Urinary incontinence prevalence: Results from the National Health and Nutrition Examination Survey

Yashika Dooley*, Kimberly Kenton, Guichan Cao, Amy Luke, Ramon Durazo-Arvizu, Holly Kramer, Linda Brubaker

*Corresponding author for this work

Research output: Contribution to journalArticlepeer-review

114 Scopus citations

Abstract

Purpose: We determined racial differences in urinary incontinence prevalence using the 2001-2004 National Health and Nutrition Examination Survey. Materials and Methods: The National Health and Nutrition Examination Survey is a continuous survey of a representative sample of the noninstitutionalized United States population. Demographic, self-reported racial/ethnic data and responses to the urinary portion of the survey were available for 4,229 women older than 20 years. We classified women by urinary incontinence subtype, that is pure stress incontinence, pure urge incontinence or mixed incontinence. Logistic regression models were fitted to investigate racial differences by type of urinary incontinence. Results: The sample was racially and ethnically diverse with 58% white nonHispanic, 22% Mexican-American and 20% black nonHispanic. Women were divided into 3 age ranges of 20 to 39 years old (36.3%), 40 to 59 (28%), and 60 years old or older (35.7%). Of the 4,229 women in the analytical sample 49.6% (2,098) reported urinary incontinence symptoms. Of those reporting incontinence symptoms 49.8% reported pure stress incontinence, 34.3% mixed incontinence and 15.9% pure urge incontinence. The odds of pure stress incontinence in white and Mexican-American women were approximately 2.5 times higher than in black women (OR 2.79, CI 2.1-3.8 and OR 2.5, CI 1.9-3.4) after adjusting for age, parity, body mass index and activity level. In contrast, black and Mexican-American women were more likely to report pure urge incontinence compared to white women (OR 0.6, CI 0.43-0.8). The prevalence of mixed incontinence was not significantly different among race/ethnicity groups. Conclusions: Race/ethnicity differences exist in self-reported urinary incontinence. While self-reported urinary incontinence is prevalent in United States community dwelling women regardless of racial background, the odds of pure stress incontinence are at least 2.5-fold higher in white and Mexican-American women than in black women.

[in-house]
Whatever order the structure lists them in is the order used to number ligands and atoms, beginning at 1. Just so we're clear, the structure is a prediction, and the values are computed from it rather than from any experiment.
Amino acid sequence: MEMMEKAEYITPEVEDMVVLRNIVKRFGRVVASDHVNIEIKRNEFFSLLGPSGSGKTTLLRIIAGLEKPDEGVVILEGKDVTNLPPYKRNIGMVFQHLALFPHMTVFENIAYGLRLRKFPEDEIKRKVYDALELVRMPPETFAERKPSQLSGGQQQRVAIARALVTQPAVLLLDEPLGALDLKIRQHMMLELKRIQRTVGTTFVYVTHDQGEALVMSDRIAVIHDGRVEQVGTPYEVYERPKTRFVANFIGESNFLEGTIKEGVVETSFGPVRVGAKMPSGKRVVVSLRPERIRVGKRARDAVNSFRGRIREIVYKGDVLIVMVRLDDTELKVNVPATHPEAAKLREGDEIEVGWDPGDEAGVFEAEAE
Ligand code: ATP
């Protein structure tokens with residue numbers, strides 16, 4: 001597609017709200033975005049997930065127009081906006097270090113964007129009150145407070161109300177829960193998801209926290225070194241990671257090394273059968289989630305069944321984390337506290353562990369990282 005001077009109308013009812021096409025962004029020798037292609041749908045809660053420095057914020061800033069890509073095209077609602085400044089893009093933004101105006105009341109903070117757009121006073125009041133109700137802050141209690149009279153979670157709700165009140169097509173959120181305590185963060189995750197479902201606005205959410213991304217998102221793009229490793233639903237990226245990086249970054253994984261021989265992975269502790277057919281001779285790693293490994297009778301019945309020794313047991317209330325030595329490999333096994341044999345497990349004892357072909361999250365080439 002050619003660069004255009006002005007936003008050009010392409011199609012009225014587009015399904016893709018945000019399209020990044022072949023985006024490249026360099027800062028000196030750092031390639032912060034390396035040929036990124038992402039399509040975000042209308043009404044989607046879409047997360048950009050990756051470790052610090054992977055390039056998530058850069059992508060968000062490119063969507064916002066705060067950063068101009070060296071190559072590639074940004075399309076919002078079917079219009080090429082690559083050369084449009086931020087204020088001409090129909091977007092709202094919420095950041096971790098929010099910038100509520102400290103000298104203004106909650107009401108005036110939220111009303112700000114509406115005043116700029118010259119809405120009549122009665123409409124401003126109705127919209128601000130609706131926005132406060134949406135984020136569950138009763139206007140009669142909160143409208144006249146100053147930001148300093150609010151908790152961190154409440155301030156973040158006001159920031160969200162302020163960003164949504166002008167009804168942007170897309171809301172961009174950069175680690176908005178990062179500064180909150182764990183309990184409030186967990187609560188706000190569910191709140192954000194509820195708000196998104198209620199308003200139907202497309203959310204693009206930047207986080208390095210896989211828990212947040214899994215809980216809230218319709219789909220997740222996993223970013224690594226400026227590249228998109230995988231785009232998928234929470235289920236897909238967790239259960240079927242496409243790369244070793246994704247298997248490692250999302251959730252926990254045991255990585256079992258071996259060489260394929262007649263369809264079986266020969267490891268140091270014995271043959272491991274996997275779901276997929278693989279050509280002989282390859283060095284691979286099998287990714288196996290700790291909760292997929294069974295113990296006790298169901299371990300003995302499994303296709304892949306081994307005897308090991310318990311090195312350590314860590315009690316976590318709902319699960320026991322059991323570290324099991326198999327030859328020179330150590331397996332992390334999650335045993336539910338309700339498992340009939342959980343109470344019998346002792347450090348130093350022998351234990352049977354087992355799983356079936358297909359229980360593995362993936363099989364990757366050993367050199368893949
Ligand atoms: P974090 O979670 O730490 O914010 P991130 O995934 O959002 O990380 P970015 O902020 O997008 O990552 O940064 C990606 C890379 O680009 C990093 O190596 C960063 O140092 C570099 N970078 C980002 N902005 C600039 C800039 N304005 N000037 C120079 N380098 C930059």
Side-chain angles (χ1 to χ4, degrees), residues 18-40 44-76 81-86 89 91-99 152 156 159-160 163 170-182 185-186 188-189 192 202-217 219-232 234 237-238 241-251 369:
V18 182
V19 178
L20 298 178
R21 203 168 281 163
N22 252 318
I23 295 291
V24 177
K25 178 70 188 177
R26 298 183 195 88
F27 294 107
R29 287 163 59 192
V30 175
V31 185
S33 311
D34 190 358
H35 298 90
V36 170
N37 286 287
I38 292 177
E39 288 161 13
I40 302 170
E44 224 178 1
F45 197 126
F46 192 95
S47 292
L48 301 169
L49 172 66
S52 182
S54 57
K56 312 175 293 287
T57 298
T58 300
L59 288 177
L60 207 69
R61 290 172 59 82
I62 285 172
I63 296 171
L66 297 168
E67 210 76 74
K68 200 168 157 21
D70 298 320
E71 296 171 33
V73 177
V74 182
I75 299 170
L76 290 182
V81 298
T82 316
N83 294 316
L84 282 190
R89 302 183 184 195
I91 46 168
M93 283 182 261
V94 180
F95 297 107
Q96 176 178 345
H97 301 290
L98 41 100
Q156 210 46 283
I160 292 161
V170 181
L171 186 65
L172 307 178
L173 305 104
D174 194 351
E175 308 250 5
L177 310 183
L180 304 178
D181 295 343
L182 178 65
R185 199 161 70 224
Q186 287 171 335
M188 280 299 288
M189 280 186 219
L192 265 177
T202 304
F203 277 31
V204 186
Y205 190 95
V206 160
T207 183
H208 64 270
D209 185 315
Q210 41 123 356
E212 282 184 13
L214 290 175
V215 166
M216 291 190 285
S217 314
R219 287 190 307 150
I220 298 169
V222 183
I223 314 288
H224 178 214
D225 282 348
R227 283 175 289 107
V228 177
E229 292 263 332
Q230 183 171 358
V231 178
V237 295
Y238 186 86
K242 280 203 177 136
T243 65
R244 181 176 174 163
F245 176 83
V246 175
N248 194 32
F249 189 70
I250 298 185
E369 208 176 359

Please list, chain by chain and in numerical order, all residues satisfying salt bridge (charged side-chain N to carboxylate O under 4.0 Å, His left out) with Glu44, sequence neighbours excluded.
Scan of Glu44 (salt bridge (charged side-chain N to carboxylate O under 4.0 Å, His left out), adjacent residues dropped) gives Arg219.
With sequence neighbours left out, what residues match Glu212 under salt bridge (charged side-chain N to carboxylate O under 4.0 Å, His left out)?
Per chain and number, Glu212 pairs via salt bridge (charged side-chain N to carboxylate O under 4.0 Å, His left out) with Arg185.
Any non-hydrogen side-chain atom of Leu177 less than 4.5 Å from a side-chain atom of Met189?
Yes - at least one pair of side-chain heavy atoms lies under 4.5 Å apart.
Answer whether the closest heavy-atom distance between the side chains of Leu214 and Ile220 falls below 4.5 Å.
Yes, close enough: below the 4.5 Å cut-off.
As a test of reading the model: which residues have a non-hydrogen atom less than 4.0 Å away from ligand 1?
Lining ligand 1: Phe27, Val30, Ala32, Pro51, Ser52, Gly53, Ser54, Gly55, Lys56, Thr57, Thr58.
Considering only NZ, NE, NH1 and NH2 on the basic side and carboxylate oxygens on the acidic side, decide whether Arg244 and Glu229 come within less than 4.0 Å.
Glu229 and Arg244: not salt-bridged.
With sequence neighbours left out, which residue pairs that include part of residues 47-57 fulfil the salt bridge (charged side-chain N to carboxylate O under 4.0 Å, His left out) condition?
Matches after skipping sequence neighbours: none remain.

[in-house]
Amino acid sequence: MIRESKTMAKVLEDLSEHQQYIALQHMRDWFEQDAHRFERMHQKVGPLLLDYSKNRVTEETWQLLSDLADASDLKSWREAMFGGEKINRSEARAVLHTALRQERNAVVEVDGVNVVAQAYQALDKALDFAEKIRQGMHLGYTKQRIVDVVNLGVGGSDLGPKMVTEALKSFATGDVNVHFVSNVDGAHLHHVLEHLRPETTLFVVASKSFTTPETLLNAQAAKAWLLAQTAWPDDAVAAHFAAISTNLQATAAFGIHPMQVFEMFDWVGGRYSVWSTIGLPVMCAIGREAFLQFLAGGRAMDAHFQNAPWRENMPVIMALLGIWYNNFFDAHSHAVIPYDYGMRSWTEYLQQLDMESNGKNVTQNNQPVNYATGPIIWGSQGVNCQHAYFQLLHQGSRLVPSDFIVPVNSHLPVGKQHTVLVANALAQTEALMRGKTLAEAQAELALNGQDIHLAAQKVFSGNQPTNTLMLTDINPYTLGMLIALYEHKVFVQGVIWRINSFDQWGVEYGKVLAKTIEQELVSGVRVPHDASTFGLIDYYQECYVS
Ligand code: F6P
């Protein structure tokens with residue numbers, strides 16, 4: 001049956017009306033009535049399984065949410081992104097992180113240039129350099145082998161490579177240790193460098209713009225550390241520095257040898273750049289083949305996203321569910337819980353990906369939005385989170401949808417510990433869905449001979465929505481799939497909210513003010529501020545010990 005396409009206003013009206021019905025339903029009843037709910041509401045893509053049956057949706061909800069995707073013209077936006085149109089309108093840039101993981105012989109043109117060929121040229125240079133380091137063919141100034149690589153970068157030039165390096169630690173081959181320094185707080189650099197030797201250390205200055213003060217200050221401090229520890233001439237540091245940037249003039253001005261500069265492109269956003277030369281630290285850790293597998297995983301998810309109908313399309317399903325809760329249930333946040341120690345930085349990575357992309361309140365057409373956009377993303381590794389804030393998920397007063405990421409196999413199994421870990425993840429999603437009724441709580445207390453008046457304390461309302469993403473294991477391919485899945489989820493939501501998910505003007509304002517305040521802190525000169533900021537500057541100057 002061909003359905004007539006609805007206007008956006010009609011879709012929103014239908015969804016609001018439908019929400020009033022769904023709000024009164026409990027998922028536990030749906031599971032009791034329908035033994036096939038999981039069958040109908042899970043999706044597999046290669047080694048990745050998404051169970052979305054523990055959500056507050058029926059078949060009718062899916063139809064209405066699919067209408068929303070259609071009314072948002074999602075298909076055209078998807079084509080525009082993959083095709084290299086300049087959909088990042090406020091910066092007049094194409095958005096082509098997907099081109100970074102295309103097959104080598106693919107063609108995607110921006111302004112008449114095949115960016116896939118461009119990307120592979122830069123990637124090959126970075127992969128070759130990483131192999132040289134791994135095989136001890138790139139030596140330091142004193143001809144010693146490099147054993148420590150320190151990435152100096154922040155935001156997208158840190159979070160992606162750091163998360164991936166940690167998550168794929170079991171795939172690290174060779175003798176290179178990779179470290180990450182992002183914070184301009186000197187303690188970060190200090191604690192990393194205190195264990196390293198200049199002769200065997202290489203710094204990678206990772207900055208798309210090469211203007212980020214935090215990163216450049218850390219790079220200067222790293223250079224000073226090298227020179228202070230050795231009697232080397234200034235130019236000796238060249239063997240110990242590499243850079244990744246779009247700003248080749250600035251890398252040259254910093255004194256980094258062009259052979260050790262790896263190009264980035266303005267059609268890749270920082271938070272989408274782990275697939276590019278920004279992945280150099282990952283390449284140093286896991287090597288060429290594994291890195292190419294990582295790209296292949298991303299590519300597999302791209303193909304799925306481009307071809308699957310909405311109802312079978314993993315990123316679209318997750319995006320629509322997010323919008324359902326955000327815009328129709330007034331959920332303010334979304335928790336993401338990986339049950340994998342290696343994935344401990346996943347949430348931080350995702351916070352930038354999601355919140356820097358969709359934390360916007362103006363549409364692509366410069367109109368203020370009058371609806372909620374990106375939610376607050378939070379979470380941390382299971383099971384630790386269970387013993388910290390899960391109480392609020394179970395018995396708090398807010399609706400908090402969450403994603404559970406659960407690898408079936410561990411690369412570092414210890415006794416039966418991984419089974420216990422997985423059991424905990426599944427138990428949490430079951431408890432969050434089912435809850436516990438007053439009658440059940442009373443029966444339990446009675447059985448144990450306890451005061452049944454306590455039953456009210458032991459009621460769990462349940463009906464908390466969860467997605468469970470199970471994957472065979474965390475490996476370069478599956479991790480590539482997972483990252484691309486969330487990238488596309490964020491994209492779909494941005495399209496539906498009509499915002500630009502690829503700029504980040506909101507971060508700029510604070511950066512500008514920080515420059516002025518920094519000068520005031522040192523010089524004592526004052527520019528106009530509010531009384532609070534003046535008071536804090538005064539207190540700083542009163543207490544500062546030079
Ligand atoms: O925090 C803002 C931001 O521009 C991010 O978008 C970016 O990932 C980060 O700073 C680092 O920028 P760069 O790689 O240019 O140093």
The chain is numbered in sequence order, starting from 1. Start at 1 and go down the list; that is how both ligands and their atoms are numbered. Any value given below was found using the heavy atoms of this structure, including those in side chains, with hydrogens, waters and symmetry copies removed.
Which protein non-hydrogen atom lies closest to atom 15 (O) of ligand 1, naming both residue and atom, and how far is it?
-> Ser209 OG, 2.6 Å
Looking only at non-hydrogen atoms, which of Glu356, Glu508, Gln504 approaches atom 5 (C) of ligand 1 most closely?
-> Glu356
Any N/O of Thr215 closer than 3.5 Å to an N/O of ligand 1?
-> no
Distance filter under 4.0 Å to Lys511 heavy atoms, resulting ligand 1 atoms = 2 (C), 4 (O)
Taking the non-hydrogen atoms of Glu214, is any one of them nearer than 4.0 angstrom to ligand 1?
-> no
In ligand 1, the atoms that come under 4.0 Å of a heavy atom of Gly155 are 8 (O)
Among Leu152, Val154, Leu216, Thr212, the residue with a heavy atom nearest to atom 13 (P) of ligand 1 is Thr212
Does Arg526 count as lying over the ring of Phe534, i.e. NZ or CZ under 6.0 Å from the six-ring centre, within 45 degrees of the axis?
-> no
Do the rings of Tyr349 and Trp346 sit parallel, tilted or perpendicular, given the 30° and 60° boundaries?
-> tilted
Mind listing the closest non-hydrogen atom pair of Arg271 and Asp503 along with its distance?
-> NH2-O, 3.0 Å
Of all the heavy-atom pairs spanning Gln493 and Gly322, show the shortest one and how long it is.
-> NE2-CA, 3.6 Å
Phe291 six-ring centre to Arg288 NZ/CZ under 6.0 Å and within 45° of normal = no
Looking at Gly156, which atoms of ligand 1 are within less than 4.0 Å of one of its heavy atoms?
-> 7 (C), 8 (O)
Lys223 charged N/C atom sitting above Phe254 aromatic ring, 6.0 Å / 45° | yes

Original languageEnglish (US)
Pages (from-to)656-661
Number of pages6
JournalJournal of Urology
Volume179
Issue number2
DOIs
StatePublished - Jan 1 2008

Keywords

  • Nutrition surveys
  • Urinary incontinence

ASJC Scopus subject areas

  • Urology

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